Mentions: We collected bacterial V4-16S rRNA data from 326 individuals aged 0–17 years (83 Malawian, 65 Amerindian and 178 residents of the USA) plus 202 adults aged 18–70 years (31 Malawians, 35 Amerindians, and 136 residents of the USA). 16S rRNA datasets were first analyzed using UniFrac, an algorithm that measures similarity between microbial communities based on the degree to which their component taxa share branch length on a bacterial tree of life16. There were several notable findings. First, the phylogenetic composition of the bacterial community evolved towards an adult-like configuration within the 3-year period following birth in all three populations (Fig. 1a, Fig. S1). Second, interpersonal variation is significantly greater between children than between adults; this finding is robust to geography (Fig. 1b; also see ref. 4). Third, there were significant differences in the phylogenetic composition of fecal microbiota between individuals living in the different countries, with especially pronounced separation occurring between USA compared to Malawian and Amerindian gut communities; this was true for individuals aged 0–3 years, 3–17 years, and for adults (Fig. 1b, Table S3). Unsupervised clustering using Principal Coordinates Analysis (PCoA) of UniFrac distance matrices indicated that age and geography/cultural traditions primarily explain the variation in our dataset, where USA microbiota clustered separately from non-USA along principal coordinate 1 (Fig. 1c, S2). However, within the non-USA populations, separation between Malawians and Amerindians was also observed (along principal coordinate 3 in the case of adults, Fig. S2f). We did not find any significant clustering by a village for Malawians and Amerindians or by region within the USA. Fourth, bacterial diversity increased with age in all three populations (Fig. 2a,b). The fecal microbiota of USA adults was the least diverse compared to the two other populations (Fig. 2c, p<0.005, ANOVA with Bonferroni post-hoc test): these differences were evident in children older than 3 years of age (p<0.005, ANOVA with Bonferroni post-hoc test), but not in younger subjects.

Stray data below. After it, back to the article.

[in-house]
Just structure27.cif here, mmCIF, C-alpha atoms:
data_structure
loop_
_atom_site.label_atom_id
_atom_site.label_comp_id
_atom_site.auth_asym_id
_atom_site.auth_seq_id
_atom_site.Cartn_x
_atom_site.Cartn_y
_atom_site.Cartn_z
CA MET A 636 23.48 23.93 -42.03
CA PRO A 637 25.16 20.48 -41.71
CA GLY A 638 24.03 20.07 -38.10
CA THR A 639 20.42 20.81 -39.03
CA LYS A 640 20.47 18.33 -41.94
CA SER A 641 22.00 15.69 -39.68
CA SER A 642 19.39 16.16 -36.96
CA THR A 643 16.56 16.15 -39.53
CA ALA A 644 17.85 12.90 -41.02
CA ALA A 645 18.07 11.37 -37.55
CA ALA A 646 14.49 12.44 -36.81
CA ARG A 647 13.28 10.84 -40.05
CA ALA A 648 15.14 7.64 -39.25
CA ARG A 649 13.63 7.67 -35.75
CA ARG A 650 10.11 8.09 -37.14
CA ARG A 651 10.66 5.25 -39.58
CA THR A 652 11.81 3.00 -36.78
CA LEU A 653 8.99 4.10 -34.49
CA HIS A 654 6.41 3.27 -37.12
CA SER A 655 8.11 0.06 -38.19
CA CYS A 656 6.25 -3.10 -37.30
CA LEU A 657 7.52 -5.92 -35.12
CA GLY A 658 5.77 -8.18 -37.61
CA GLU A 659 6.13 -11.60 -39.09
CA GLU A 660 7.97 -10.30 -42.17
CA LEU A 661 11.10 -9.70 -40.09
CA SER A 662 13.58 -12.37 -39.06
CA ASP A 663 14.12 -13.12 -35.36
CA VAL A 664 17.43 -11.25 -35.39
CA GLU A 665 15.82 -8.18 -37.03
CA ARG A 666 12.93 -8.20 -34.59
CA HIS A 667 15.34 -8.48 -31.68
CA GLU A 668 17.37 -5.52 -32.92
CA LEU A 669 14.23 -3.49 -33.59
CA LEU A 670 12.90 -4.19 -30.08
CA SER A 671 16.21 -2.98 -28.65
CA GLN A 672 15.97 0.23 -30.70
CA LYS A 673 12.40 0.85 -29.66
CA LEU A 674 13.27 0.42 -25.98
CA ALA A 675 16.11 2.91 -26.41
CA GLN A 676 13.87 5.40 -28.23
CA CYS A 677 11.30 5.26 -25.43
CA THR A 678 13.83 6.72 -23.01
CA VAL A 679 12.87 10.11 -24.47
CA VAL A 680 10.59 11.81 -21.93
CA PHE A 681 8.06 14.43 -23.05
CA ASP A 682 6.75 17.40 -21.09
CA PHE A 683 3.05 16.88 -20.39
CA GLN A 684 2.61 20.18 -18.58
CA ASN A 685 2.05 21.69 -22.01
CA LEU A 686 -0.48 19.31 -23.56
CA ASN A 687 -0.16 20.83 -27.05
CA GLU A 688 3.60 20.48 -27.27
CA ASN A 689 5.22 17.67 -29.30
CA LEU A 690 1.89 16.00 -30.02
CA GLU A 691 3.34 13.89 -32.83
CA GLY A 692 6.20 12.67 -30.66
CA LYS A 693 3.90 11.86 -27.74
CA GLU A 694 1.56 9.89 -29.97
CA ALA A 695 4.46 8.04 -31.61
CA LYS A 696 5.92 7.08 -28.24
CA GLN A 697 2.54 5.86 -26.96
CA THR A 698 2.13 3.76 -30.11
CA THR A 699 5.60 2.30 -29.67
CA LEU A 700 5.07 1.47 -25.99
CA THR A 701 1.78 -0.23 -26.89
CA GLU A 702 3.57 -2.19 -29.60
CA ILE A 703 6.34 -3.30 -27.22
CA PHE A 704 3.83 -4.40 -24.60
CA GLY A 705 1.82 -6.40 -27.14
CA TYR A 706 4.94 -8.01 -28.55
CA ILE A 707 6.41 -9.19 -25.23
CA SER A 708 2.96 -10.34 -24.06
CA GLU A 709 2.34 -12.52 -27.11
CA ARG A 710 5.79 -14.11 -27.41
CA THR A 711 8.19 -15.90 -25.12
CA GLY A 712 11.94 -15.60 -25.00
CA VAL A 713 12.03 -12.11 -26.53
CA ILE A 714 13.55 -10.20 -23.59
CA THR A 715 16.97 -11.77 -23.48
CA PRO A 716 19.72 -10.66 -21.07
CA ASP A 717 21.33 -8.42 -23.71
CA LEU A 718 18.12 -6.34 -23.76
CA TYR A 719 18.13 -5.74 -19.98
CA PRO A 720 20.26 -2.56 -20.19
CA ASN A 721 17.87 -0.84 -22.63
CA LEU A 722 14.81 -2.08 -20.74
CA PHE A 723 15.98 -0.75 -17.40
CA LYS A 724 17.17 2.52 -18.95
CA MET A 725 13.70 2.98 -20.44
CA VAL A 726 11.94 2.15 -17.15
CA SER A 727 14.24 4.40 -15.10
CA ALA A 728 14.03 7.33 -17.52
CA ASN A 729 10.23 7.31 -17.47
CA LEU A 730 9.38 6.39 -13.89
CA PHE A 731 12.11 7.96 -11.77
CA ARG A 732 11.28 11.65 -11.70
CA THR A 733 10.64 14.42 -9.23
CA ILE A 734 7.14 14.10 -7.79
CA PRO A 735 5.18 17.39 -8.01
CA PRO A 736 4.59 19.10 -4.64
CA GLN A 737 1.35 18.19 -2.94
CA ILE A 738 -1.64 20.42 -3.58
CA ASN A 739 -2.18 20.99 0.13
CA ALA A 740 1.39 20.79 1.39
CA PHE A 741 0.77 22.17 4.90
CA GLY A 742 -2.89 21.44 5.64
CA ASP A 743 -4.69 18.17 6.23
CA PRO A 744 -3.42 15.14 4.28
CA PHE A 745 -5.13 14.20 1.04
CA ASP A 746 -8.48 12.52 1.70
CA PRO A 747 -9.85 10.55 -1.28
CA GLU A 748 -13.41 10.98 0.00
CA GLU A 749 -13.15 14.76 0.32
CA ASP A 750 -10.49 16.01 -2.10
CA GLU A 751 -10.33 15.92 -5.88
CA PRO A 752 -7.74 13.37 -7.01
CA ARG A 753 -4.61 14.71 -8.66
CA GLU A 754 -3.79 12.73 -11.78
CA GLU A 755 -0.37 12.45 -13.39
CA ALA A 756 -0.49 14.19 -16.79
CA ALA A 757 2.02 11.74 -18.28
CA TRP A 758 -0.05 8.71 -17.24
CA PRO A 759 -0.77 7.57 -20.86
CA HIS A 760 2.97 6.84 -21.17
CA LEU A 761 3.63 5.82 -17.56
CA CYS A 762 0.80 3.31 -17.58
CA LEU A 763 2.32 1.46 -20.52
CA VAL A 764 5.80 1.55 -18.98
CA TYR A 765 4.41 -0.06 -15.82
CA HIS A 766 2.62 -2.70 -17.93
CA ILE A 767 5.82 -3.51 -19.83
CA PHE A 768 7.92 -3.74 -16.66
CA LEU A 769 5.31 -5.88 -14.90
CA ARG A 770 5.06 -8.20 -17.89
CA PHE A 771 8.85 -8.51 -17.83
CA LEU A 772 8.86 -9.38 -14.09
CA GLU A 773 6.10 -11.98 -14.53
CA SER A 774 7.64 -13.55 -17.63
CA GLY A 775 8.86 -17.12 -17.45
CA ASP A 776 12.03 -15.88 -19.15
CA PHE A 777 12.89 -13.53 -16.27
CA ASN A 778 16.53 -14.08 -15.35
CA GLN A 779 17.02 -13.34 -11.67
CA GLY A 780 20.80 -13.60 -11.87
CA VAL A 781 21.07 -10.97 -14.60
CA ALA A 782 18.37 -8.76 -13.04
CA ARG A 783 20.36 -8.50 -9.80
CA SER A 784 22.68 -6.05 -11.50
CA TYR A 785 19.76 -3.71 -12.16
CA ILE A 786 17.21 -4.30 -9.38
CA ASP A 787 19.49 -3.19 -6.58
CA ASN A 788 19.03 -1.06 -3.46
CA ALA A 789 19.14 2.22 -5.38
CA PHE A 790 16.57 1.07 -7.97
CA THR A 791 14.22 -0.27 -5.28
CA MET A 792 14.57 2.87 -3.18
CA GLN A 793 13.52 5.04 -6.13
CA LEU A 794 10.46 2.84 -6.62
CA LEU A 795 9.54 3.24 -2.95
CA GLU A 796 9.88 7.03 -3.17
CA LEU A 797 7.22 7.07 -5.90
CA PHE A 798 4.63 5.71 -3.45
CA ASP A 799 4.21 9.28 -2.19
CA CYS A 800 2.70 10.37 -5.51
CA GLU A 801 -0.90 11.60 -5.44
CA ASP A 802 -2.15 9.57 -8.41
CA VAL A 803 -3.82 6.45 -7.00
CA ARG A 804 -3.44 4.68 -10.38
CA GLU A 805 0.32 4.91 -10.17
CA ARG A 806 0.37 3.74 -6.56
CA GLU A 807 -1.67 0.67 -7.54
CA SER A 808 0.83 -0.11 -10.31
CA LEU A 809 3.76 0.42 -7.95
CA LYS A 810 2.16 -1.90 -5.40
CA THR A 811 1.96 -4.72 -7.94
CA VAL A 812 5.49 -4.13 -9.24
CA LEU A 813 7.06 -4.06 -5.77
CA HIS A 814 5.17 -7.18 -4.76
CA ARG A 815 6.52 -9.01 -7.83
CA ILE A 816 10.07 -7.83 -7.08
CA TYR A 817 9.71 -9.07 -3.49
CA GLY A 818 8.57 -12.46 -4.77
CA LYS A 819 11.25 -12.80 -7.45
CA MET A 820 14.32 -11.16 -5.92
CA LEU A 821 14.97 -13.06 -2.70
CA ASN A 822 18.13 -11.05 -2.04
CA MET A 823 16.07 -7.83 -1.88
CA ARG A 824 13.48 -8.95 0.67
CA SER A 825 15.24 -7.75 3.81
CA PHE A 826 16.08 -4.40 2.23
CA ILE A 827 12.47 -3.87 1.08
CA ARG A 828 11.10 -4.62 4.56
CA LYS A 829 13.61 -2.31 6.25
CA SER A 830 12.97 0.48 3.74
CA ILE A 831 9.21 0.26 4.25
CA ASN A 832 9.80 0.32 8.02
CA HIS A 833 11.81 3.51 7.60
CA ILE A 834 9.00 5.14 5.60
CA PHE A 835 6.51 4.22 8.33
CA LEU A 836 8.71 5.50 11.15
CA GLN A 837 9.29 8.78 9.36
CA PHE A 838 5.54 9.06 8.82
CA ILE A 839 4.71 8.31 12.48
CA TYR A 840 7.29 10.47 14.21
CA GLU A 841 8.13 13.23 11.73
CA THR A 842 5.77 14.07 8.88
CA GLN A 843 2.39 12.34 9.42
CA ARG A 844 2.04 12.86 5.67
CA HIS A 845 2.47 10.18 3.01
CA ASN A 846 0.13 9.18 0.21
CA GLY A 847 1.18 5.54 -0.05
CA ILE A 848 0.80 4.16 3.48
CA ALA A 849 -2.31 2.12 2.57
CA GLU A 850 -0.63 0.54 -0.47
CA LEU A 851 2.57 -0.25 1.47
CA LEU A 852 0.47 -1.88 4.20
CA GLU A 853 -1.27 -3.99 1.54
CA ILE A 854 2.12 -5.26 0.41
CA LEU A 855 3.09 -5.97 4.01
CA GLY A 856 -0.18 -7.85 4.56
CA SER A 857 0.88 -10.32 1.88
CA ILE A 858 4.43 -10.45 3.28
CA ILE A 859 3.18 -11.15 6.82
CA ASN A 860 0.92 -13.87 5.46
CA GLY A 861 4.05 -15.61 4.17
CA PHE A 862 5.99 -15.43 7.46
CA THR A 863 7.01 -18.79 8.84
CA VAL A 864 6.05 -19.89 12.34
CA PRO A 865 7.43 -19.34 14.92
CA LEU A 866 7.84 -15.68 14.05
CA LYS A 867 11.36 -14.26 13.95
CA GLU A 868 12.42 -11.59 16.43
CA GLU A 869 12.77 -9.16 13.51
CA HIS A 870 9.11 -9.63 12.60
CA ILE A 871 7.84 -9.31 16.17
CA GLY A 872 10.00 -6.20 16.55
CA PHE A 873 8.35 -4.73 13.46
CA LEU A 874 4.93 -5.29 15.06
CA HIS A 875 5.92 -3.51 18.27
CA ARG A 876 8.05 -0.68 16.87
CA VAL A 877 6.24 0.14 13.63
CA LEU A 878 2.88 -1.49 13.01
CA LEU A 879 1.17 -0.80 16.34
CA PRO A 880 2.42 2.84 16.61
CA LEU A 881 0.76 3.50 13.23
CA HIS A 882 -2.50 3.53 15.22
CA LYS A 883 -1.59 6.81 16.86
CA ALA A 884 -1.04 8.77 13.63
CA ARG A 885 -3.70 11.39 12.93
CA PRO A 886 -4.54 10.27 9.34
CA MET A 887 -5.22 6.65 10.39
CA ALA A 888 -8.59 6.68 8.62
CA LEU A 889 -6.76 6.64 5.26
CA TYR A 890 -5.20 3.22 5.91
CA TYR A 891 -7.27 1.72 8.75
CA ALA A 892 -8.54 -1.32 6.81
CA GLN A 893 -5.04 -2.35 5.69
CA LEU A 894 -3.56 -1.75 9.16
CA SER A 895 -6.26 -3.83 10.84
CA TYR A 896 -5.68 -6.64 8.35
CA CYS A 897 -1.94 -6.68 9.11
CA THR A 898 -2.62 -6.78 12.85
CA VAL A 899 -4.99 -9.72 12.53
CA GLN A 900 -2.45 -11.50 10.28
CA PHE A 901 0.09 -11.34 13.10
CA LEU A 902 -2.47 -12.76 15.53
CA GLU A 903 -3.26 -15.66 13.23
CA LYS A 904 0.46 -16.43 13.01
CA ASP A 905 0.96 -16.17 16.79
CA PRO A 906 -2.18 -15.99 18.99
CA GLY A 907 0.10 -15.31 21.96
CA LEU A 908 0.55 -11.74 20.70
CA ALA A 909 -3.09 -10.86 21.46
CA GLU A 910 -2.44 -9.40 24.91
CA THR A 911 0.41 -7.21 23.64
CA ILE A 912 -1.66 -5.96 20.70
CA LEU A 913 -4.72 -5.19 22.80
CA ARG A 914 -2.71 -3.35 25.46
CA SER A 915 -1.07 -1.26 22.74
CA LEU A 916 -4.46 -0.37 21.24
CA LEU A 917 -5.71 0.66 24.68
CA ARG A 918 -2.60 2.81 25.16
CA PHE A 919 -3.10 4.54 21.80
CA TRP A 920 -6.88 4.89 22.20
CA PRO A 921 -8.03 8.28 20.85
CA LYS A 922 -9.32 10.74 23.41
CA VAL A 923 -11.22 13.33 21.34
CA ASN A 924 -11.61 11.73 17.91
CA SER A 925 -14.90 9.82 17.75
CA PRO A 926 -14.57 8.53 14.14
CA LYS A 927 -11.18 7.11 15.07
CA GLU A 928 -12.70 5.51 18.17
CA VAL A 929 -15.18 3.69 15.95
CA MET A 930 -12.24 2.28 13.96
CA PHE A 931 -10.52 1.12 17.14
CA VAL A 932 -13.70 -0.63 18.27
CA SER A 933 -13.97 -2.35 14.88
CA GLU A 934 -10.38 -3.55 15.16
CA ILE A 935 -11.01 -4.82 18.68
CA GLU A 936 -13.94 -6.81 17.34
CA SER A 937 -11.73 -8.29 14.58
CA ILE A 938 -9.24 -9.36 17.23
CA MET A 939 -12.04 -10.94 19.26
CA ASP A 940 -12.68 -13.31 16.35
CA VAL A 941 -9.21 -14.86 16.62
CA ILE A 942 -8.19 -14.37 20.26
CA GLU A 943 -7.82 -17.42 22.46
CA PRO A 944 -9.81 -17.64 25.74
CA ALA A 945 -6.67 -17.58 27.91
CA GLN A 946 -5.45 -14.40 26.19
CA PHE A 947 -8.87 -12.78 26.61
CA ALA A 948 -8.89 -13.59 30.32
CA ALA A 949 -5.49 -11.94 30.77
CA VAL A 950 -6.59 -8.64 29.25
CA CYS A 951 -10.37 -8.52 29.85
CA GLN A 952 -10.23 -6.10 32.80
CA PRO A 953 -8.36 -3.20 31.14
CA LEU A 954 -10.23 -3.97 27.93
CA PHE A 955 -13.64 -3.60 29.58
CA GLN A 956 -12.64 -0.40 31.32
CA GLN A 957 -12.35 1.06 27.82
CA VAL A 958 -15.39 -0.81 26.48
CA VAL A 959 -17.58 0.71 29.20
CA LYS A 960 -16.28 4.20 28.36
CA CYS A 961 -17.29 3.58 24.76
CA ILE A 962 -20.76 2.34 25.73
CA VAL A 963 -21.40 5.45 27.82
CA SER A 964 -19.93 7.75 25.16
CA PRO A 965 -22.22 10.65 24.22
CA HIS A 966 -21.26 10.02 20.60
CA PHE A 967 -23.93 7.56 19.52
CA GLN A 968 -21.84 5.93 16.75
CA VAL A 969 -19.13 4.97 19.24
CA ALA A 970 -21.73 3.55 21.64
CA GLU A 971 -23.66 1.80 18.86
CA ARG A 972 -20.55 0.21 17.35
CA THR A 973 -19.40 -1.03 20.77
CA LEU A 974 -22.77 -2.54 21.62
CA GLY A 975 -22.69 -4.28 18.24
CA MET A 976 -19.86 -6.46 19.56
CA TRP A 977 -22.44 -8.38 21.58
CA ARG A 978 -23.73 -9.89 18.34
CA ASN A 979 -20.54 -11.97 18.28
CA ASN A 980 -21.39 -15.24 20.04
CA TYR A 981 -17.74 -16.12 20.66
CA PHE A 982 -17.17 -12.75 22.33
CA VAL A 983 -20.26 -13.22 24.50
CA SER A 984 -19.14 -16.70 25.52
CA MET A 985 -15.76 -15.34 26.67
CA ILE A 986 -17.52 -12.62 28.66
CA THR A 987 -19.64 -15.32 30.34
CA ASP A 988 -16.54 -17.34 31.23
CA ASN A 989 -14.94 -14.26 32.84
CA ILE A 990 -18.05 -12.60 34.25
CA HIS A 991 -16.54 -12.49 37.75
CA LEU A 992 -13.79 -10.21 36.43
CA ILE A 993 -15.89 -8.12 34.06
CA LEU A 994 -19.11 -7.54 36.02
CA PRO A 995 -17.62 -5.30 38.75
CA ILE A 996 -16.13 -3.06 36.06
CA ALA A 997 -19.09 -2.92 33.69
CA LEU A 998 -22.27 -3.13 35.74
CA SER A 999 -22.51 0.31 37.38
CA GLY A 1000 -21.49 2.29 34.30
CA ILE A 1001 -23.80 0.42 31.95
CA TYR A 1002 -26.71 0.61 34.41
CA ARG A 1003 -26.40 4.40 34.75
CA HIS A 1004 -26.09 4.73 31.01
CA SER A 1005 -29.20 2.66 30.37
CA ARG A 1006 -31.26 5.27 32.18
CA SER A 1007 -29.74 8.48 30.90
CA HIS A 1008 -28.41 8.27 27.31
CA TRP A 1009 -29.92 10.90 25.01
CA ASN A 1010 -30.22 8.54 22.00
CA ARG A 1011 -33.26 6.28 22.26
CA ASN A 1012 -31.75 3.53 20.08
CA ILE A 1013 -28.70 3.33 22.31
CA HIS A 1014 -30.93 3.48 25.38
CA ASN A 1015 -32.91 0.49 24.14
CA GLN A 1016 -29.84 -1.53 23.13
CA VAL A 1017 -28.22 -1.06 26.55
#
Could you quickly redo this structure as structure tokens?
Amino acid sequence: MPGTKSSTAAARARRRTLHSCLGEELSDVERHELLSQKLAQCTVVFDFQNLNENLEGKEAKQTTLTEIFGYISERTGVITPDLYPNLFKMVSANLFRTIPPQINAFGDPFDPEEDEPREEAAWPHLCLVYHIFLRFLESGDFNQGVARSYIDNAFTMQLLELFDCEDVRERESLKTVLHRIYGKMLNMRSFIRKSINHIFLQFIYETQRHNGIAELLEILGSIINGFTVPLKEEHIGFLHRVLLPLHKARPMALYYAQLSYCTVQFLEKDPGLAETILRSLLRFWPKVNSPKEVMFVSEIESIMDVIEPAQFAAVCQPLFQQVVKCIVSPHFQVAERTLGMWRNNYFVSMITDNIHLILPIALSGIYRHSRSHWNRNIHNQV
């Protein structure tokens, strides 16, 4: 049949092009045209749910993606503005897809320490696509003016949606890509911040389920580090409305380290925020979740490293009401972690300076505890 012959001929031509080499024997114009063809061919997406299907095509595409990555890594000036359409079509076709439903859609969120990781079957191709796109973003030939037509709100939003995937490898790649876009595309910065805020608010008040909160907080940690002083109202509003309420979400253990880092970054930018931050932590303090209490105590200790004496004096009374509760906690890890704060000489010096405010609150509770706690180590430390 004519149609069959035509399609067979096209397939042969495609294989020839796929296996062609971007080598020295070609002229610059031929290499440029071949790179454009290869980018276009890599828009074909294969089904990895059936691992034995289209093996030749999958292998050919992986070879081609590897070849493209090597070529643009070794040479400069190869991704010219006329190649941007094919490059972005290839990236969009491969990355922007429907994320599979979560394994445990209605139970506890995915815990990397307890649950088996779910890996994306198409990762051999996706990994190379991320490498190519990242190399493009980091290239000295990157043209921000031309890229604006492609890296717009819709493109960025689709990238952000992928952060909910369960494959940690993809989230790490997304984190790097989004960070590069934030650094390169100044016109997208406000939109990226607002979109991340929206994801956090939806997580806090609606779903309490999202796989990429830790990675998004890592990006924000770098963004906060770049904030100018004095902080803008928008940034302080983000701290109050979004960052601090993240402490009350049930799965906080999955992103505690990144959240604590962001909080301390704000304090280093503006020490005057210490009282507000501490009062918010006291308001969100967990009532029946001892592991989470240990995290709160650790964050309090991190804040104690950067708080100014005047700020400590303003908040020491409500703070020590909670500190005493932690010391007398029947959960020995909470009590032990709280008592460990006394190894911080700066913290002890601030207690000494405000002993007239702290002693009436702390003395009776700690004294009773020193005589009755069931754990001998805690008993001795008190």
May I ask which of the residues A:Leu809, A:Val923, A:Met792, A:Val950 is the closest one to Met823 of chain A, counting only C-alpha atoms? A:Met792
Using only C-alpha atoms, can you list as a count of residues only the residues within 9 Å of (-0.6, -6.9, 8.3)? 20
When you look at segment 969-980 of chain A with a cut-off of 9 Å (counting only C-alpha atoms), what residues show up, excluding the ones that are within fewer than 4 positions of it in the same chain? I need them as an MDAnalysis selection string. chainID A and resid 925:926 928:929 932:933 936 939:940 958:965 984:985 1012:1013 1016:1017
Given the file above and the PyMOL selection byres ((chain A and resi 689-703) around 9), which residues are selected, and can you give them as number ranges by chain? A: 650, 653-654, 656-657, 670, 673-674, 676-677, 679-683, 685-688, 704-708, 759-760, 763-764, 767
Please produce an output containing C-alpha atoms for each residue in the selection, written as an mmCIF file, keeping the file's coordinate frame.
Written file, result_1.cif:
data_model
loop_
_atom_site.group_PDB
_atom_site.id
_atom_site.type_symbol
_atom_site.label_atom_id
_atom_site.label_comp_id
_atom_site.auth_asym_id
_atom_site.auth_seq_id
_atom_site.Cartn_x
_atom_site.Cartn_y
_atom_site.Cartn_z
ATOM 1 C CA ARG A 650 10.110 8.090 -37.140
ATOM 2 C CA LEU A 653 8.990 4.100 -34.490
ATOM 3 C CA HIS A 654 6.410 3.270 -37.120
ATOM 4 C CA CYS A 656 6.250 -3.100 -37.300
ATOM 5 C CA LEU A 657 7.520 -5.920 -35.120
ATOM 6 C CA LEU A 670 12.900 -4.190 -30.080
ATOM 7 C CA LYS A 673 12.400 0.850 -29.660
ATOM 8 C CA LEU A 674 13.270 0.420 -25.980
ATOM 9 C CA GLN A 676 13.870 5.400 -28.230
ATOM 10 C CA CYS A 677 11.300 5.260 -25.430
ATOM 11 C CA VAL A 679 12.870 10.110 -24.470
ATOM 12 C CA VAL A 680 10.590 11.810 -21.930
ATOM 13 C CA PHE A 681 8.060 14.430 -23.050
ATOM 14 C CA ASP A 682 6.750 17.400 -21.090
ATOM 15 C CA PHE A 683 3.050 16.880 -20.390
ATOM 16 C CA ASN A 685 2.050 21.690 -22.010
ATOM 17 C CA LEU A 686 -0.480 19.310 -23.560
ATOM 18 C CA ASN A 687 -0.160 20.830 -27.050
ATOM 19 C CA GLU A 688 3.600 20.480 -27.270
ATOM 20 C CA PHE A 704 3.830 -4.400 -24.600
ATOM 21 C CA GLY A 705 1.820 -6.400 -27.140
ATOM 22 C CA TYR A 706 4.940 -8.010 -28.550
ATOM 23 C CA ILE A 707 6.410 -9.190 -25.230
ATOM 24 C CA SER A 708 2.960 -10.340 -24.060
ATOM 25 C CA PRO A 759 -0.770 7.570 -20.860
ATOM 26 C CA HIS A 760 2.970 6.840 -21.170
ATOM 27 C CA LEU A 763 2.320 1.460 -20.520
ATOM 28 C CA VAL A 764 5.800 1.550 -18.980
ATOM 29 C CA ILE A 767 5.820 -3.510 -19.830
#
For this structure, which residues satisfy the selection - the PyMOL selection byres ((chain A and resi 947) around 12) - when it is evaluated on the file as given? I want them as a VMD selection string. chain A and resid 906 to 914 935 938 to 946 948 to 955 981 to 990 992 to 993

Bottom Line: Shared features of the functional maturation of the gut microbiome were identified during the first three years of life in all three populations, including age-associated changes in the genes involved in vitamin biosynthesis and metabolism.These distinctive features are evident in early infancy as well as adulthood.Our findings underscore the need to consider the microbiome when evaluating human development, nutritional needs, physiological variations and the impact of westernization.

View Article: PubMed Central - PubMed

Affiliation: Center for Genome Sciences and Systems Biology, Washington University School of Medicine, St Louis, Missouri 63108, USA.

ABSTRACT
Gut microbial communities represent one source of human genetic and metabolic diversity. To examine how gut microbiomes differ among human populations, here we characterize bacterial species in fecal samples from 531 individuals, plus the gene content of 110 of them. The cohort encompassed healthy children and adults from the Amazonas of Venezuela, rural Malawi and US metropolitan areas and included mono- and dizygotic twins. Shared features of the functional maturation of the gut microbiome were identified during the first three years of life in all three populations, including age-associated changes in the genes involved in vitamin biosynthesis and metabolism. Pronounced differences in bacterial assemblages and functional gene repertoires were noted between US residents and those in the other two countries. These distinctive features are evident in early infancy as well as adulthood. Our findings underscore the need to consider the microbiome when evaluating human development, nutritional needs, physiological variations and the impact of westernization.

Show MeSH